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Group B streptococcus in obstetrics: unsolved problems

Journal: RUDN Journal of Medicine (Vol.27, No. 1)

Publication Date:

Authors : ; ; ; ;

Page : 9-16

Keywords : group B streptococcus; neonatal infections; antibiotic sensitivity; antibiotic resistance;

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For several decades, among all possible pathogens of neonatal infections, group B streptococcus has been one of the leading positions. Sepsis, meningitis, and pneumonia are among the most common clinical manifestations of neonatal infection associated with group B streptococcus. In this review, our goal was to analyze the literature demonstrating a worldwide approach to the prevention of vertical transmission of group B streptococcus from mother to child. When writing the review, scientific publications of foreign and domestic authors from the PubMed database were studied. The review considers the drugs of choice for intranatal antibiotic prophylaxis, and their pharmacodynamic, and pharmacokinetic features. The analysis details the problem of the growth of resistance of group B streptococcus to antibacterial drugs. The antimicrobial activity of lactoferrin was noted at a minimum inhibitory concentration of 500 μg/ml. The presented review also reflects the protective and therapeutic effects of oral intake of probiotics containing Lactobacillus acidophilus, Lactobacillus salivarius, Lactobacillus rhamnosus GR-1, and Lactobacillus reuteri RC-14 . Based on the analysis, it can be concluded that penicillin G and ampicillin have the most pronounced bactericidal effect against group B streptococcus. At the same time, the most common side effects of β-lactam penicillins include an allergic reaction with the possible development of anaphylactic shock. Given this, the antibiotics of the first-line reserve group include cefazolin, clindamycin, and vancomycin. At the same time, it is important to take into account the decrease in the therapeutic concentration of clindamycin with a change in the alpha-1-acid glycoprotein in the blood of the mother and fetus, the nephrotoxic effect of vancomycin and the cross-a llergic reaction of cefazolin with antibiotics of the penicillin group. A promising direction in solving the problem of group B streptococcus is the development of new strategies for the prevention of perinatal infection of the fetus and newborn based on a more detailed study of the effects of lactoferrin and probiotics.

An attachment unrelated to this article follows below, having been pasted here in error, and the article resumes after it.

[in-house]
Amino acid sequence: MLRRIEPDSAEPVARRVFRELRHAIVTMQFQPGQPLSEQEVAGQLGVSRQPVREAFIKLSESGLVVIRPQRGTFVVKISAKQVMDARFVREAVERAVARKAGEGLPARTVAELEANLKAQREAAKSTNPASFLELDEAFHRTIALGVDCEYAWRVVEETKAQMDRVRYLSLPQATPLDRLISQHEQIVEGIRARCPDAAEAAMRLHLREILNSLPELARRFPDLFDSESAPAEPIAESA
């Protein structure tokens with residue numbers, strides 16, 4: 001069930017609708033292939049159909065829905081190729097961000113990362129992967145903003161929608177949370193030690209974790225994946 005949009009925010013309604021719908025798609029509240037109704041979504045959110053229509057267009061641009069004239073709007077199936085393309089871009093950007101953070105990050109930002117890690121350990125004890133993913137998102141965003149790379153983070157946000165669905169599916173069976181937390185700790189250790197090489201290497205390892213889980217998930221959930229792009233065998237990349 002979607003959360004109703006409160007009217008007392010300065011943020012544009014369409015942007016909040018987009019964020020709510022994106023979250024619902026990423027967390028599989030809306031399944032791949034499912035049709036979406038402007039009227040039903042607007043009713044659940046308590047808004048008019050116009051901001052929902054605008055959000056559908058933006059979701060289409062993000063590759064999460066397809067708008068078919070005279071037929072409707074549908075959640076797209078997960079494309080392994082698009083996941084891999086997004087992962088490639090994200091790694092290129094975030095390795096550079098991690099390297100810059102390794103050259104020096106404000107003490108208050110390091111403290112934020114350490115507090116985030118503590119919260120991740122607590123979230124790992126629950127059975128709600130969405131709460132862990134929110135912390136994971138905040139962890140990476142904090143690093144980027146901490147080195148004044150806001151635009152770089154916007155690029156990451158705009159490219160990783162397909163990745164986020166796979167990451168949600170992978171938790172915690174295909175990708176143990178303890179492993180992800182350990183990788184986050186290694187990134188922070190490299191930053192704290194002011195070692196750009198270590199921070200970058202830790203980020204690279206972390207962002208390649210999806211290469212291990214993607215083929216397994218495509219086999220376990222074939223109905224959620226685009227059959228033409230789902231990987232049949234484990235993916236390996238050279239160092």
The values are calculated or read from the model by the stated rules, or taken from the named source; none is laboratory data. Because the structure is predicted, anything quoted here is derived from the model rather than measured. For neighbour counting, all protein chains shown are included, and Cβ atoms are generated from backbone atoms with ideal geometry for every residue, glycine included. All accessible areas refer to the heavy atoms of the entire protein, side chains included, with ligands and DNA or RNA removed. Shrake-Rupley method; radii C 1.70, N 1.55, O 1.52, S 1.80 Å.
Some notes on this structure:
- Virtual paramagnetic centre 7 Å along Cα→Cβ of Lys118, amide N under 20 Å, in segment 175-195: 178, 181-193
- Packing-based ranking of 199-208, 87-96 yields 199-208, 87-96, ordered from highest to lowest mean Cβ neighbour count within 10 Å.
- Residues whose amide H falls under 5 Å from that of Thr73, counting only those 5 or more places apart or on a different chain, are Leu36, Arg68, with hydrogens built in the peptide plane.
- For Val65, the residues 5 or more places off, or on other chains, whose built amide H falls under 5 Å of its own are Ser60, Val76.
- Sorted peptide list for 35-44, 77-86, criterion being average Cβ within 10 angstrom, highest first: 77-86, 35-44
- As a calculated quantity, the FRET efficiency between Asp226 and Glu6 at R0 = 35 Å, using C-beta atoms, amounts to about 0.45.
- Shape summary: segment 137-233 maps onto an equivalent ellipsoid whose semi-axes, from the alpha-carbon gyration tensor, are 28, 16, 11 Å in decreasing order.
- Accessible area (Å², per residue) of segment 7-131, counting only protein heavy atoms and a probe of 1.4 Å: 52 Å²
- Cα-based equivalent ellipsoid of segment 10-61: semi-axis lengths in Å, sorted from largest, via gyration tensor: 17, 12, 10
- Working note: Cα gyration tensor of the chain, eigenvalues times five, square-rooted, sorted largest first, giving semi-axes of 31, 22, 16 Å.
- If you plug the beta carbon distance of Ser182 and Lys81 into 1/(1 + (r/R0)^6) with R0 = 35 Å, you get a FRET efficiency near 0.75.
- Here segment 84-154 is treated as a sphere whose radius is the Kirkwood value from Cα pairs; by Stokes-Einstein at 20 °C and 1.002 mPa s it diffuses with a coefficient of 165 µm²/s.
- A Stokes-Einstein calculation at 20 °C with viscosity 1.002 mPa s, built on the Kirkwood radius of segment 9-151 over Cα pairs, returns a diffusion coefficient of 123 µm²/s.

Last modified: 2023-03-30 05:16:13